The event was held on April 25, 2009, being dubbed "Campeón vs.Campeón", emphasizing that both boxers were champions entering the contest. Early in the fight, both pugilists exchanged combinations, with López gaining a slight advantage by targeting the head and body of Peñalosa.[46] This pattern continued in the third and fourth rounds, while the challenger continued counterattacking despite receiving more damage. Between the fifth and sixth chapters, both pugilists exchanged combinations, with Peñalosa scoring his most solid punches. During the following two rounds, López managed to establish control of the offensive's tempo, but Peñalosa continued using his counterattack.[46] Prior to the ninth chapter, Peñalosa's trainer, Freddie Roach, warned him that he had to win by knockout or the fight would be stopped.[46] In the round, the pattern continued with few variations, once it was over Roach submitted the fight.[46] With this technical knockout, López became the first boxer to defeat the veteran by knockout.[47] After the fight, Peñalosa received an ovation from the public for his effort. Throughout the fight, López established divisional records, breaking the marks for most power punches landed in a round and most power punches thrown in a round, both were achieved during the eight round.[48]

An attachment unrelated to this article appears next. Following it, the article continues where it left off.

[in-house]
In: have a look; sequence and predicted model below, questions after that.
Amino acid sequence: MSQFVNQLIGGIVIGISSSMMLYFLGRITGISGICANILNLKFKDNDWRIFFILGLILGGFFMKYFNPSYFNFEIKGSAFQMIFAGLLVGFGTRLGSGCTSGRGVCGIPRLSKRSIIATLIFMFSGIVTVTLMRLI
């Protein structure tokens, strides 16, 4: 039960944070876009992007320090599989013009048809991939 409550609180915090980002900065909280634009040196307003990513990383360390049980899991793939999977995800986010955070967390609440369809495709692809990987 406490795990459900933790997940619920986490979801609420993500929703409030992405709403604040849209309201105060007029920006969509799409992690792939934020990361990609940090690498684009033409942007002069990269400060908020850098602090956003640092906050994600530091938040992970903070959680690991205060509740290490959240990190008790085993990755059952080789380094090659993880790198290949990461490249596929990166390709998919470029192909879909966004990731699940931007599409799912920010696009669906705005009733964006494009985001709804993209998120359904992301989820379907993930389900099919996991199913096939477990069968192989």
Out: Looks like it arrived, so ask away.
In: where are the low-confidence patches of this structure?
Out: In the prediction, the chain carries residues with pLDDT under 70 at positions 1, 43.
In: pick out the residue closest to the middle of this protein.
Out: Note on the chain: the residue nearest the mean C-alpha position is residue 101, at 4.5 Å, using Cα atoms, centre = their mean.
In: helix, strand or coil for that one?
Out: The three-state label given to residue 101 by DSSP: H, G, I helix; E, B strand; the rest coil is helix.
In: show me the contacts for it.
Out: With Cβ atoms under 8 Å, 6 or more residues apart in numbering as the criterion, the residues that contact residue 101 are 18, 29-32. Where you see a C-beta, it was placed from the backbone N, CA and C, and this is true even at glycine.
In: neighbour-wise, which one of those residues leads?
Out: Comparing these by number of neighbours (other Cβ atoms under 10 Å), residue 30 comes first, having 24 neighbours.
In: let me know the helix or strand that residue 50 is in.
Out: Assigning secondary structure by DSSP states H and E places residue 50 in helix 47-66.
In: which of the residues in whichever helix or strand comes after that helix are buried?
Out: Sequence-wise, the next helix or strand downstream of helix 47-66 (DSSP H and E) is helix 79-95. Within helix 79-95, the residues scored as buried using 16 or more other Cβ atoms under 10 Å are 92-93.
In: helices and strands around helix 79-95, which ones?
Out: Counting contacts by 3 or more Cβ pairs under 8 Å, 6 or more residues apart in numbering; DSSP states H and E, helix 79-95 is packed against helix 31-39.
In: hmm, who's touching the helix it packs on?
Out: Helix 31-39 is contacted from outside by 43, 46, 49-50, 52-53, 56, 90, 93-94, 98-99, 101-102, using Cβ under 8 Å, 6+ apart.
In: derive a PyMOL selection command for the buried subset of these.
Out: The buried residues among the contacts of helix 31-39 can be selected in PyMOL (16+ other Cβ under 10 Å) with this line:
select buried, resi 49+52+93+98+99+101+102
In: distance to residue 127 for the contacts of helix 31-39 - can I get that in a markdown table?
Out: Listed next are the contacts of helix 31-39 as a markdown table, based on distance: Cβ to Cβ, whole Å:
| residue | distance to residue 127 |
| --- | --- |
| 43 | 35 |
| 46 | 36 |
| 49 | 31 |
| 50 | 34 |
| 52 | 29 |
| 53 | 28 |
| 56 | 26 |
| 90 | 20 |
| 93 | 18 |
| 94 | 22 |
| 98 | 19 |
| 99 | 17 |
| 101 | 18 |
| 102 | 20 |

Subsequently, López defended against Oliver Lontchi.[49] The pugilist began the fight calmly. In the second round, López scored a knockdown.[49] Consequently, Lontchi switched to a defensive tactic during the following round, before beginning to exchange combinations.[49] López was scoring the stronger punches during these exchanges, winning the sixth and seventh chapters.[49] In the ninth, Lontchi received a second knockdown and his corner decided to stop the fight during the recess. In his last fight at the super bantamweight division, López defended against Rogers Mtagwa.[50] The first stage of the fight featured a head clash that injured López's left eye. In the fifth round, the pugilist scored a knockdown, but Mtagwa recovered and continued.[50] In the eight round, López engaged on the offensive, gaining advantage. Mtagwa scored punches after the bell in the eight and ninth rounds.[50] Despite holding a lead on the scorecards, López decided to continue trading in the latter half of the fight. In the final minute of the eleventh round, Mtagwa injured him with a punch, but was not able to score a knockdown.[50] López, still injured, employed a defensive stance throughout the twelfth round, surviving to receive a unanimous decision with scores of 116-111, 115-111 and 114-113.[50]